Further reading

Berger and Luckmann (1967) is a classic text in the development of the social constructionist perspective within the sociological tradition. Burr (1995) offers a very thorough review of the social constructionist perspective, clearly outlining the methods of discourse analysis. Although the book draws significantly on debates within social psychology, it is of wide relevance to the social sciences more generally.


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3.1 Competing explanations of social problems

If we can agree that poverty is a social problem, we are led to another question: what sort of social problem is it? For some, it is a social problem because people should not be poor: it involves social injustice. For others, poverty is a social problem because poor people behave badly (or bring up children poorly): it involves social disorder. We therefore have another parting of the ways, with some believing that social justice requires poor people to become less poor, and others believing
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Systems thinking: Understanding sustainability
In the increasingly complex world of change and uncertainty, particularly in the context of climate change, the notion of sustainability is often raised as the key issue for decision making in the 21st Century. But 'sustainability' is itself a contentious term and often used in misguided ways, depending on the context of use. This unit introduces ways in which systems thinking can help support processes of decision making among stakeholders with different, often contrasting, perspectives on sust
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1 Why is information security important?

This unit introduces you to information security and its management.

A succinct definition of information security might run as follows:

Information security is the collection of technologies, standards, policies and management practices that are applied to information to keep it secure.

But why is it important to secure information? And how should its security be managed? To s
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4.3 A commercial implementation

In order to conclude this section I shall describe a commercial implementation of an object bus. It has been developed by a company known as SoftWired Ltd and is known as iBus. It is based on TCP/IP rather than UDP. The facilities offered by the iBus API provide developers with the facilities to construct objects which can subscribe to channels and to transmit any Java object to a channel. The code for a transmitter is shown below; the import statements are not shown. In
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5.2.1 Discrete variables

The charts about different modes of transport and that on attendance figures at a range of cultural events all use what might be called ‘word categories’. Each category (e.g. bus, rail, cycle, and walk) is quite distinct from any other in the set of categories. Such distinct categories are known in mathematics as ‘discrete variables’.

Word categories are not the only type of variable that is discrete; numbers can also be discrete. For example, at the beginning of this section, w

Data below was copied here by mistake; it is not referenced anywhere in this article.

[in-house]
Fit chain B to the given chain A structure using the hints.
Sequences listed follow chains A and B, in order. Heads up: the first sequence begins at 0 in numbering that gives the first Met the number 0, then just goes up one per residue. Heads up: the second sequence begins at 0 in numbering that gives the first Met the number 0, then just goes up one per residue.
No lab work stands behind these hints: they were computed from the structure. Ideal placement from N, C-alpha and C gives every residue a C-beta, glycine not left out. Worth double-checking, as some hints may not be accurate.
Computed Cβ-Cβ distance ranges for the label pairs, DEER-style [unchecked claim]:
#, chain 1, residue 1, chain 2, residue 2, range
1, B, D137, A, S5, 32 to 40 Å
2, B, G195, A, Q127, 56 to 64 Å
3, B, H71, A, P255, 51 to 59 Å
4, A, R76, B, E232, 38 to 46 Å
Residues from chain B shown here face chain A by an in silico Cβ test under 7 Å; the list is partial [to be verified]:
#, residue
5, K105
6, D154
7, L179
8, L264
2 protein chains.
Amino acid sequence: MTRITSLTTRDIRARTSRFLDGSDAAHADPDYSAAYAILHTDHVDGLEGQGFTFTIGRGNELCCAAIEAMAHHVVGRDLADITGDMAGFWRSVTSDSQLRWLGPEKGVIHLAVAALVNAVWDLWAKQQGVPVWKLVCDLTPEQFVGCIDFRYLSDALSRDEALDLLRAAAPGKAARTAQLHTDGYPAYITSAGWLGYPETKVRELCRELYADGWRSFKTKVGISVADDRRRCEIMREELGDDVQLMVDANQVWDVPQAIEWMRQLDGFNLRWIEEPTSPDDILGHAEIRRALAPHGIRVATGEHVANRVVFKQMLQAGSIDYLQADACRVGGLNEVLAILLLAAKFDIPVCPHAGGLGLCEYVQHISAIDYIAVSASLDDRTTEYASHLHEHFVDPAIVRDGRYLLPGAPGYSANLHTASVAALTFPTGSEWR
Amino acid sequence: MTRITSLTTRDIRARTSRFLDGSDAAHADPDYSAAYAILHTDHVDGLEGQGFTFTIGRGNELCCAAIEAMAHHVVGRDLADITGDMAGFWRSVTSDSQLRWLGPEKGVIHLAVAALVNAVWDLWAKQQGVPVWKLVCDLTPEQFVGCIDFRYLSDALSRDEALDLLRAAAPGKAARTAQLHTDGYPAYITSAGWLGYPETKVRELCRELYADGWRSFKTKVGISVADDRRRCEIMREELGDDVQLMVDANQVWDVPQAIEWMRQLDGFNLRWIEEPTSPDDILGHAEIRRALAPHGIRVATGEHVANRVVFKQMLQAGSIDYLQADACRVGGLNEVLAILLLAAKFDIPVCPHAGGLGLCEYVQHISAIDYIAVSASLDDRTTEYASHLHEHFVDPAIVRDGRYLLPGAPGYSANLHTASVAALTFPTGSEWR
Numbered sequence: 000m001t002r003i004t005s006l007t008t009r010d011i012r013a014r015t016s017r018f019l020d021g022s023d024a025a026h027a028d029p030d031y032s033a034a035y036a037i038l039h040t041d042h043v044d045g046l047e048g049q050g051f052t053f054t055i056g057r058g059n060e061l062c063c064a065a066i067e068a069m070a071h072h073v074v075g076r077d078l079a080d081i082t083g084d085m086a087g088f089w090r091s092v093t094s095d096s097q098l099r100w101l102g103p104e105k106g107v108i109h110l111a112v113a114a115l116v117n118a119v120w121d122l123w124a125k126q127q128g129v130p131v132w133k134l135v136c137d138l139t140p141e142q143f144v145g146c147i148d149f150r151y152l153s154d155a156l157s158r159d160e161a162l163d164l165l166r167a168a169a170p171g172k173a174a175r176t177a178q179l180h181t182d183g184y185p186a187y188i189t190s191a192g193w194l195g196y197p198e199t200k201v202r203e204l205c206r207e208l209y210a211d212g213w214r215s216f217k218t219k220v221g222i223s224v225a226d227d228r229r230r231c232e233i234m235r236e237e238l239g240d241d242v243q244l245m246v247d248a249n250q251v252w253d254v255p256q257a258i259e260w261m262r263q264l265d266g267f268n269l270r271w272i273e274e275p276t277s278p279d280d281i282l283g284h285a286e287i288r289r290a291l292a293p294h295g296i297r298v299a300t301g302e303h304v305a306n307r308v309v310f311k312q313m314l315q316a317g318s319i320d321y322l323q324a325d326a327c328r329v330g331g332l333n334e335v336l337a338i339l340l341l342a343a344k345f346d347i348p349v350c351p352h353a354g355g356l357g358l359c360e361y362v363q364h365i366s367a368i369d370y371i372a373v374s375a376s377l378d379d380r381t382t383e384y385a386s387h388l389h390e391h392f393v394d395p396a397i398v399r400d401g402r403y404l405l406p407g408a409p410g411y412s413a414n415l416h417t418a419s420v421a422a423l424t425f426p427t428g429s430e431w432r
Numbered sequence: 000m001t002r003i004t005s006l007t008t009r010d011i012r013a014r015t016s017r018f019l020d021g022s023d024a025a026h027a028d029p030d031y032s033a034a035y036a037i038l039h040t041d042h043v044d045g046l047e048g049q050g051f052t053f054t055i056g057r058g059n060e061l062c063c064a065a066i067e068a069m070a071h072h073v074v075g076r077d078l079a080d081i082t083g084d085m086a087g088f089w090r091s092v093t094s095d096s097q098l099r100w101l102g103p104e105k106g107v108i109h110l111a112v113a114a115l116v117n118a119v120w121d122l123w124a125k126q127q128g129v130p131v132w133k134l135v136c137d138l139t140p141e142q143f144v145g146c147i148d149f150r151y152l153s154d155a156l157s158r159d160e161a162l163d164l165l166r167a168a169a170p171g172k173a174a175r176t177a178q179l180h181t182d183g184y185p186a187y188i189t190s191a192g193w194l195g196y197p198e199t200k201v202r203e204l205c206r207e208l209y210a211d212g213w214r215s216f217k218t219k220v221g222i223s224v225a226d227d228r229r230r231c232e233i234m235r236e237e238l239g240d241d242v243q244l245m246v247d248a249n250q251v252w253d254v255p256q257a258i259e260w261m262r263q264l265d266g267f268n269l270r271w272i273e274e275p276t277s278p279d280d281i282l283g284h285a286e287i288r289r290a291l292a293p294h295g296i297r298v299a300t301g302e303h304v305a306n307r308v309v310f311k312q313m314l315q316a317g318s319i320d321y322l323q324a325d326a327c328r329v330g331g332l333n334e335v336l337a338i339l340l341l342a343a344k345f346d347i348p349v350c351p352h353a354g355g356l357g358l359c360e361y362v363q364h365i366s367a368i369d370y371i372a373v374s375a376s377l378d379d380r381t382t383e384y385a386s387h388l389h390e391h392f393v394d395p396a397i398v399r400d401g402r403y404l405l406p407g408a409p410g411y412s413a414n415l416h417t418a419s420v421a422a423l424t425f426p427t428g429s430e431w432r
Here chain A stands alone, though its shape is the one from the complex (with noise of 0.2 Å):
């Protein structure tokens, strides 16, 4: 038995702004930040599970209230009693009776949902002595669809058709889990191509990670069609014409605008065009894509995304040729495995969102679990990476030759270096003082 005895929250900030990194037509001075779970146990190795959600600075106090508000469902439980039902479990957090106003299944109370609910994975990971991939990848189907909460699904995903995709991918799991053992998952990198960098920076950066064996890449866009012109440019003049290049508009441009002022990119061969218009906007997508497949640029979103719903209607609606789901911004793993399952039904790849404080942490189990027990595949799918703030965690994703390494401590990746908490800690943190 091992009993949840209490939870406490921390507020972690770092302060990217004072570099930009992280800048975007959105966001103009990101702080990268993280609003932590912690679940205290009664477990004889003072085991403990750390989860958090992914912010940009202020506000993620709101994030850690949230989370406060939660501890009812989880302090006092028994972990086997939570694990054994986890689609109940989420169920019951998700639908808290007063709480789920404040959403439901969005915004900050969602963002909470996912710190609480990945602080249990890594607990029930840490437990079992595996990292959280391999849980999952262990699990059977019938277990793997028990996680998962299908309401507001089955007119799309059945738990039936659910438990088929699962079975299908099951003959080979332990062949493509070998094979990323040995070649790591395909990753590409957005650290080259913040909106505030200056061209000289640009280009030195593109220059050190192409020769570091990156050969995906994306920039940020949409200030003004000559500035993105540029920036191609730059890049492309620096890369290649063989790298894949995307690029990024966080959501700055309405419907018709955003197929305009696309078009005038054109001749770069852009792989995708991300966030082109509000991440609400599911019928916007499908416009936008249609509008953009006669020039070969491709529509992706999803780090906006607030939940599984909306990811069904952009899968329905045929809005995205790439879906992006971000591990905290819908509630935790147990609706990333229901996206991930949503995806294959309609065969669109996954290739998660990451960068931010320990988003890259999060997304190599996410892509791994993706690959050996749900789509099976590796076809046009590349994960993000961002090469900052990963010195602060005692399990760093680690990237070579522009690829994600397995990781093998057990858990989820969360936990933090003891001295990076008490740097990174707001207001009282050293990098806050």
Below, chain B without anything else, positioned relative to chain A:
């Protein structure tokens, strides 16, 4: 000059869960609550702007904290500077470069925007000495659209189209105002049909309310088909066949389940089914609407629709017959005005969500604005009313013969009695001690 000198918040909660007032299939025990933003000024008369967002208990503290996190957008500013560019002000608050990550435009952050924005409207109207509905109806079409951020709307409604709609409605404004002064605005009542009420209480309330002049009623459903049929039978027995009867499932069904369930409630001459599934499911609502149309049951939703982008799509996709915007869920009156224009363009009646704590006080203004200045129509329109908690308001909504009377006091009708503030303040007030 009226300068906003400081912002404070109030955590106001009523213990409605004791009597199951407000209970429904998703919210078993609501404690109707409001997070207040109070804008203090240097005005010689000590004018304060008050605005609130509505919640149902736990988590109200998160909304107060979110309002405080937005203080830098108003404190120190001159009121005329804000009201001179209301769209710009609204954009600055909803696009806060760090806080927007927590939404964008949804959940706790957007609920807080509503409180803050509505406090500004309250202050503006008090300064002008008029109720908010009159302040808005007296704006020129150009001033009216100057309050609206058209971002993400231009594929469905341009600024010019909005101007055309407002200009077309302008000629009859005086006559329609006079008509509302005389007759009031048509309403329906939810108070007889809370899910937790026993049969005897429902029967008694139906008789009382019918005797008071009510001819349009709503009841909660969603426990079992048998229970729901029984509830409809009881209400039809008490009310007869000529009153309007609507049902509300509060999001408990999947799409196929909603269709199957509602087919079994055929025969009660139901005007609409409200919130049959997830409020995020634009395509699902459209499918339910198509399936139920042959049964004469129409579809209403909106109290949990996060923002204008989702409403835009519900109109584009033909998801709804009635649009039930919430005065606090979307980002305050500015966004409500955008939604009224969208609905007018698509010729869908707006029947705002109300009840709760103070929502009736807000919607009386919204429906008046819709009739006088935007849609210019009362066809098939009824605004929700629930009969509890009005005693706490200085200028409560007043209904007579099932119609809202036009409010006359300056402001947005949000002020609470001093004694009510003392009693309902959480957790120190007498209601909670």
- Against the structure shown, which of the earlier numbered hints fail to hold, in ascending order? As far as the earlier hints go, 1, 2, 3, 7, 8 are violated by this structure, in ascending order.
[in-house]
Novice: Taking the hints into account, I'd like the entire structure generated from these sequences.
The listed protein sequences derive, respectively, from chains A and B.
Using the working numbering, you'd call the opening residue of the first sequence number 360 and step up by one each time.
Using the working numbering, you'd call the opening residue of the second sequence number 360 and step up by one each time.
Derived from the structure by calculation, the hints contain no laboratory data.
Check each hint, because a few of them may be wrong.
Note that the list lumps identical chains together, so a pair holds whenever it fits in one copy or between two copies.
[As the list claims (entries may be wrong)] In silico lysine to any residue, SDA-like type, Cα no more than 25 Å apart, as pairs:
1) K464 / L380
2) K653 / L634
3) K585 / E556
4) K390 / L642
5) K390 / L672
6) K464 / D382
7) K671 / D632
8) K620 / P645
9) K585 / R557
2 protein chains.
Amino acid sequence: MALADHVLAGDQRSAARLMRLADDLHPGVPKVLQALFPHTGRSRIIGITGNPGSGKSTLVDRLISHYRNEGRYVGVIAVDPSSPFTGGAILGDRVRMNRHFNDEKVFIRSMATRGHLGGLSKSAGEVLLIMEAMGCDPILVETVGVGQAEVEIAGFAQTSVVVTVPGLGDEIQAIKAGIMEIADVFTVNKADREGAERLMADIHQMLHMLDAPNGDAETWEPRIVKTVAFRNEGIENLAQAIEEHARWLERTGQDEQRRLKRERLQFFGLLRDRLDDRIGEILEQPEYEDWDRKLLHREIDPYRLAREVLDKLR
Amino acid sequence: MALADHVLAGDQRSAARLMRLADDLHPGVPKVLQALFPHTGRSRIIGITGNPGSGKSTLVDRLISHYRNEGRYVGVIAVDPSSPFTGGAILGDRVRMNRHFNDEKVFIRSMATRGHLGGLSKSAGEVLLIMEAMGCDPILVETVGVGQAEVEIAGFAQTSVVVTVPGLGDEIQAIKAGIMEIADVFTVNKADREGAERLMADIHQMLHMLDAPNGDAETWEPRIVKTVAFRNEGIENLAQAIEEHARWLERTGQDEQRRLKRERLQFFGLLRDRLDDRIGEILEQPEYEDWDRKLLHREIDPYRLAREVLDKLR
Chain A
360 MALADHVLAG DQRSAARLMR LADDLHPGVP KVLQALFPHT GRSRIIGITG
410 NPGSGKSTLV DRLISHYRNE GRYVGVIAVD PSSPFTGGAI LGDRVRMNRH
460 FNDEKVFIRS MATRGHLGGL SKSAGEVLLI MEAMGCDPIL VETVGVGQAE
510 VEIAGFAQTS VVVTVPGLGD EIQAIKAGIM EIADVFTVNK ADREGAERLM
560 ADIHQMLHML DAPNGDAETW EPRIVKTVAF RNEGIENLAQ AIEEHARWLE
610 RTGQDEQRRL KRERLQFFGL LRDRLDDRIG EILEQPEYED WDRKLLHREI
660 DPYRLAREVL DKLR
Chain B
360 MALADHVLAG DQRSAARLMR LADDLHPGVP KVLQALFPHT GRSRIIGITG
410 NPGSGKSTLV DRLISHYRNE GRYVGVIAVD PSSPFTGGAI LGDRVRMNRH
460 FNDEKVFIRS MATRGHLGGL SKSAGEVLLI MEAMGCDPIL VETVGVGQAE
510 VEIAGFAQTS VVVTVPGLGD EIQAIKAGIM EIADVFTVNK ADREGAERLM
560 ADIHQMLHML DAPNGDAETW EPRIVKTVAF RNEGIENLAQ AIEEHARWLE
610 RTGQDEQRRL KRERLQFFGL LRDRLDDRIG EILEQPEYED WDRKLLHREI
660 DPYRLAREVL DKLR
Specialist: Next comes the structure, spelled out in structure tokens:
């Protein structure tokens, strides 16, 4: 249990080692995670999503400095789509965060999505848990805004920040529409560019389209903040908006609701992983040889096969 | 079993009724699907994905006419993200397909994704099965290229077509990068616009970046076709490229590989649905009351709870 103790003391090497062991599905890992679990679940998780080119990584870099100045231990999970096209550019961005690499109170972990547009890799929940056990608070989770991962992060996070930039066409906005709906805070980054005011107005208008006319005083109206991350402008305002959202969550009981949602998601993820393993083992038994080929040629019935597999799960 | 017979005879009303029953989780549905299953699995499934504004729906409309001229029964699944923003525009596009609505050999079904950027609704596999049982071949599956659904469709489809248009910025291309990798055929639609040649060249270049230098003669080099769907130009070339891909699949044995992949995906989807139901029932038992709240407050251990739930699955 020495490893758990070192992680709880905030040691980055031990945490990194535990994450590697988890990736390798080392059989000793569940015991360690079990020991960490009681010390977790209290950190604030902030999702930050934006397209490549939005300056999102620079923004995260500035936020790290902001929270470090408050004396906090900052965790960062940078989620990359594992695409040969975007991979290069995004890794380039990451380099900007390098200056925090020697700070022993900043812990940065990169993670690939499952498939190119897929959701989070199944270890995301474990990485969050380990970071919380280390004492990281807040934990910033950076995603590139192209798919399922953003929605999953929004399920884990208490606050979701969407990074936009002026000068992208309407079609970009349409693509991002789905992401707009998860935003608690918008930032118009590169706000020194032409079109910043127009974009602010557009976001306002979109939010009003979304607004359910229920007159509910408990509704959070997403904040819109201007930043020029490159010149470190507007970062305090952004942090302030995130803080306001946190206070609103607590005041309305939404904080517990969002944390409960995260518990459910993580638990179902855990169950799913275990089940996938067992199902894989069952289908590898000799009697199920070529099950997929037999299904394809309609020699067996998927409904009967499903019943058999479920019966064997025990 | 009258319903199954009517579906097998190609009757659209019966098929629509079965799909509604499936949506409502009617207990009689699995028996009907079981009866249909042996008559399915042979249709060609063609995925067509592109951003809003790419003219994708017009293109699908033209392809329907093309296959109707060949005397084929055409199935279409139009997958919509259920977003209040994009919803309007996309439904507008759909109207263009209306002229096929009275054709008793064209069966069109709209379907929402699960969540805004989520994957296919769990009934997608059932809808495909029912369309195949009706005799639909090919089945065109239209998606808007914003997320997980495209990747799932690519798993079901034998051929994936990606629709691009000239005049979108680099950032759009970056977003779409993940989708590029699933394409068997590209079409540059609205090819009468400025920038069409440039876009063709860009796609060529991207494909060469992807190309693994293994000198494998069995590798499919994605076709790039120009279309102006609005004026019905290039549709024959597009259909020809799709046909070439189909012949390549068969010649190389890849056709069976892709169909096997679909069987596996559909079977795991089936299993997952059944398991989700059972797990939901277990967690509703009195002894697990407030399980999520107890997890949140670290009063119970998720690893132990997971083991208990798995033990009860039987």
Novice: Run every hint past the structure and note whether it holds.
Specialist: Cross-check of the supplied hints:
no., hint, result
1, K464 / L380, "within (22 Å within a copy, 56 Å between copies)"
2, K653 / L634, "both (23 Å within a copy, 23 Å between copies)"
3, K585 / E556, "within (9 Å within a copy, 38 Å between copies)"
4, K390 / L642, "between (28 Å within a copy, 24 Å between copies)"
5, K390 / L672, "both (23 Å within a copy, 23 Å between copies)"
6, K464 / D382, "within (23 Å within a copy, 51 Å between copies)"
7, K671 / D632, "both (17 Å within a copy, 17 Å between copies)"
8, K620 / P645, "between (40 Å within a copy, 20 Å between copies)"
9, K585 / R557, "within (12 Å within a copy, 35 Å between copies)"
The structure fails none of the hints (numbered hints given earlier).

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References

Gould, P. and White, R. (1974) Mental Maps, Harmondsworth, Penguin.
Knox, P. and Agnew, J. (1989) The Geography of the World Economy, London, Edward Arnold.
Further reading
Smith, R. (1997) Simple Map Reading, Edinburgh, HMSO. This is a short handbook on the techniques of map reading, explained in a str
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3.6 Different paradigms and different methods

These different methods alert us to the fact that psychology is not just one enterprise, but a series of interlocking enterprises in which psychologists have different views about the best ways to try to understand or explain people and their behaviour and experience. These are arguments about epistemology; that is, what questions to ask, what sort of evidence to look for, what sort of criteria to use to evaluate explanations, and what sort of methods to use.

All knowledge and al
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2.3.2 Inner experiences

A second kind of data is people's inner experiences, including their feelings, beliefs and motives. These cannot be directly seen from the outside; they remain private unless freely spoken about or expressed in some other way. Examples of these inner experiences include feelings, thoughts, images, representations, dreams, fantasies, beliefs and motivations or reasons. These are only accessible to others via verbal or written reports or as inferred from behaviours such as non-verbal communicat
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2 A day in the life of a hospital ward

In 1996, we visited Ward 29, one of two gastroenterology wards in the medical unit, and recorded the views of patients and staff. The ward has 24 beds. Its patients were women and men, across a wide age range, suffering from digestive disorders – for example, stomach ulcers, Crohn's disease, ulcerative colitis, cancers of the digestive system or problems with liver function brought on by alcohol abuse. Because it was winter the ward had more elderly people than it would have at other times
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Importing tapeless assets in Media Browser
Import footage from tapeless sources with the Media Browser, identifying single clips from the various files that make them up.
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